Should You Share Your Sermon Notes?
The benefits of passing on your prep work
So, you’ve made it. You’ve spent hours in sermon prep. You’ve prayed, studied, written and rewritten. Now it’s time to hit “print” and step behind the pulpit. But are you missing an important step? Should you share those notes with others?
Many pastors provide a brief outline, whether it’s a printed handout or a digital document on YouVersion or some other app. But what about your actual notes — the ones you bring with you to the platform and use for preaching? Why not share those as well?
The idea can make some pastors a bit nervous. They may feel protective of the preparation process or unsure about whether they want others to see behind the scenes. They may fear their notes are too sloppy or worry that someone might judge their preparation.
However, there are Kingdom benefits to sharing. It can provide a more detailed outline for those in your church who want to go deeper. It may allow other ministers to study and build on what you’ve done. If you’ve been hesitant before, I want to encourage you to rethink your approach to sharing your sermon.
For Your Congregation
I talked about this with my friend Anthony Scoma, lead pastor of Southwest Family Fellowship (Assemblies of God) in Austin, Texas. Each week, Scoma shares his sermon notes with his church and anyone else who cares to download them.
Scoma told me he got the idea during a graduation commencement. The keynote speaker that day was a fascinating innovator in the tech field. He was also easily accessible on social media. Scoma looked him up, found his Twitter profile, and saw that he had published his commencement notes online before presenting.
So Scoma downloaded the notes and followed along from his seat. He was amazed at how easy it was. Not only did Scoma get more out of it, but there were fewer distractions. Scoma decided to start sharing sermon notes with his church.
Providing your church members with sermon notes can help them focus — even more than they would with a simple outline. Your audience may just be listening to fill in the blanks you’ve provided. But with full sermon notes, people can stay tuned in.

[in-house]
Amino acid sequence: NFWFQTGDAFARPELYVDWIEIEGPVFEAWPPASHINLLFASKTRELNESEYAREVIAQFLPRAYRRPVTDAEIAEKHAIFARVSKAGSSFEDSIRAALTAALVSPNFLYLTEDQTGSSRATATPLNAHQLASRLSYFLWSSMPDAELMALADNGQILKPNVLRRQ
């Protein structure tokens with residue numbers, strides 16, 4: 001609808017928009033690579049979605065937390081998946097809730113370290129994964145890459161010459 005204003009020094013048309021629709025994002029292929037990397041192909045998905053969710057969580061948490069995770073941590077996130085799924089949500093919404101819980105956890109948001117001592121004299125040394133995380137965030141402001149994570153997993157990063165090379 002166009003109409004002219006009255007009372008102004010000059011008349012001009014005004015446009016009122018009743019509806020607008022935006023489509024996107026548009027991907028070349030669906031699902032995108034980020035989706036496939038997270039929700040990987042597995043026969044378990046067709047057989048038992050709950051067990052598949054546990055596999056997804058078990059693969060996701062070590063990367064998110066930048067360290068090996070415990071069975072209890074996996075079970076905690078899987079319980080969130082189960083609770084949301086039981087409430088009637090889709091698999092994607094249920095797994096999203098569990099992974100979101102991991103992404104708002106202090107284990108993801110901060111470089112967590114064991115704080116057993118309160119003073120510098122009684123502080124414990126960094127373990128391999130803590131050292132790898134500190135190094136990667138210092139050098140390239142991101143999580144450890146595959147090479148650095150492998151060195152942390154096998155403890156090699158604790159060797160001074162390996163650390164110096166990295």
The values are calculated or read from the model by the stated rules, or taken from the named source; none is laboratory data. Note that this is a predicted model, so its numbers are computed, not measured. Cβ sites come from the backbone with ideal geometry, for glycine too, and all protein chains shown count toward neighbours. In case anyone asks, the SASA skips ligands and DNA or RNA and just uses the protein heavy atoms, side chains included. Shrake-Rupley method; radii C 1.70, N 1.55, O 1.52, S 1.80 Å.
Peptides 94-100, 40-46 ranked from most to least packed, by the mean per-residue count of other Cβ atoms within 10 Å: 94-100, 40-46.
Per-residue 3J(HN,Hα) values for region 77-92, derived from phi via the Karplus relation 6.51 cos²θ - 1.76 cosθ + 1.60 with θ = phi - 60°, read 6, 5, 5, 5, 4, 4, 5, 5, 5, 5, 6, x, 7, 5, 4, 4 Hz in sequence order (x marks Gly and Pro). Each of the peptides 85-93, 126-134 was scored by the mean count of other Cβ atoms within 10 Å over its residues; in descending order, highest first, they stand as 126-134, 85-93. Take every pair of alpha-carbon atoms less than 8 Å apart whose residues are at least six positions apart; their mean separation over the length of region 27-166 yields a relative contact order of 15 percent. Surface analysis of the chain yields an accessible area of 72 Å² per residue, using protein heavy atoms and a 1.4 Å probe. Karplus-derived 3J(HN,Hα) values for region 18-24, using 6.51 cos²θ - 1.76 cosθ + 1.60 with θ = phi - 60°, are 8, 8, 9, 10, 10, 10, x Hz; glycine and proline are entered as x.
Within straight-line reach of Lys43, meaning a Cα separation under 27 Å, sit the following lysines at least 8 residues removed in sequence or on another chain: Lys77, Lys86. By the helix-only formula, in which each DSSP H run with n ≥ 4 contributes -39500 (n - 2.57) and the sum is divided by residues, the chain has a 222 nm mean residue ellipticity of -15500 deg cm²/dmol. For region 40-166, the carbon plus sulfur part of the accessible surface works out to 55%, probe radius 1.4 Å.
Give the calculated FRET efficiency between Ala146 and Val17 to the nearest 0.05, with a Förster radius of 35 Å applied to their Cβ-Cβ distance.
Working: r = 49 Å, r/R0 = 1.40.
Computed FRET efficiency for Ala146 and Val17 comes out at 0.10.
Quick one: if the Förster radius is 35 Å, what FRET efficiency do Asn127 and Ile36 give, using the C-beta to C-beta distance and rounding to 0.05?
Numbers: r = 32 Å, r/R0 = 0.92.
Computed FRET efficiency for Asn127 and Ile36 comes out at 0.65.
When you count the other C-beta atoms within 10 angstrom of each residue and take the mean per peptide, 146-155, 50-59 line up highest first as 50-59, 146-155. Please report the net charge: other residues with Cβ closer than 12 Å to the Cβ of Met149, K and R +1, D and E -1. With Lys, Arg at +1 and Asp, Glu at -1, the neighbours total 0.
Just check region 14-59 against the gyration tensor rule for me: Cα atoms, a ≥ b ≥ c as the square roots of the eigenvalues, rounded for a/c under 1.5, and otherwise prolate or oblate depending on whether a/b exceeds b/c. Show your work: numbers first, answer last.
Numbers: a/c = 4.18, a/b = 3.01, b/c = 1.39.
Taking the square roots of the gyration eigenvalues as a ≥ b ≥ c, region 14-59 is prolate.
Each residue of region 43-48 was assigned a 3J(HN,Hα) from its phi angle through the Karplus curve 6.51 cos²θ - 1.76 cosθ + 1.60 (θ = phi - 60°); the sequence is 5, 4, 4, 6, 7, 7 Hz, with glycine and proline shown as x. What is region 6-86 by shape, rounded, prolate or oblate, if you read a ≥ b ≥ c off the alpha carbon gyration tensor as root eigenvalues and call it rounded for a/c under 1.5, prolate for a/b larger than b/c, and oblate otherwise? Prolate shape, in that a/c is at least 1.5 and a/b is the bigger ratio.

Another advantage is that application is easier when the information is available throughout the week. There’s no excuse for not following through.
Technology has made it easy to share our sermons literally around the world.
Having the full sermon notes can be especially helpful to those learning English as a second language. Reading another language is easier than just listening. And the reinforcement can improve overall English skills. Scoma said this was the case for some Russian families in his church.
Sharing your notes within a church is one thing. But what about those outside your ministry? Some pastors get a bit territorial when it comes to their notes, and I get that. As a writer, I understand there is something proprietary about crafting messages. But the advantages of sometimes outweigh the costs.
If you’re a more established pastor, think of the younger men and women who are just getting started in ministry. Consider what a blessing it could be to share your notes with them. Not only would they receive the benefit of sermon prep you’ve already done, but they could also learn about how you put together a sermon.
Sharing your sermon notes with other pastors is a way to teach them. They would get a closer look at how you go about explaining a text. They could see how you find and incorporate illustrations. And they could gather insight on arranging the material on a page for preaching and presenting.
If you’re newer to ministry, think of the benefits of sharing your sermon notes with others who are in the same boat. Though I’ve rarely seen it, I’ve often wondered about establishing a network of pastors working with similar preaching schedules.
Here’s how it could work: Four to six like-minded pastors agree on a set of series for the year. Then, each pastor takes on one or more of those series for sermon preparation and writing. Everyone shares the content, including the graphics and production slides. This cuts down on each leader’s sermon prep and allows pastors to give one another a hand up.
The process of sharing your sermon notes is simple. Once you complete your sermon complete, save it for others. Whether you use Word, Pages or some other document software, there should be an option to save as a PDF. Once you do that, you can attach it to an email or publish it on your social media.
Technology has made it easy to share our sermons literally around the world. There are really no limits to where they can go. Pastors overseas in restricted countries may be able to access them. Families on vacation or members traveling for work can still get them. Seminary students can benefit from them.
They say that sharing is caring. In this case, sharing is growing. Providing sermon notes to your church or other pastors — or both — could become one more way your ministry helps people grow in their faith. So, why not give it a try and share this weekend’s notes?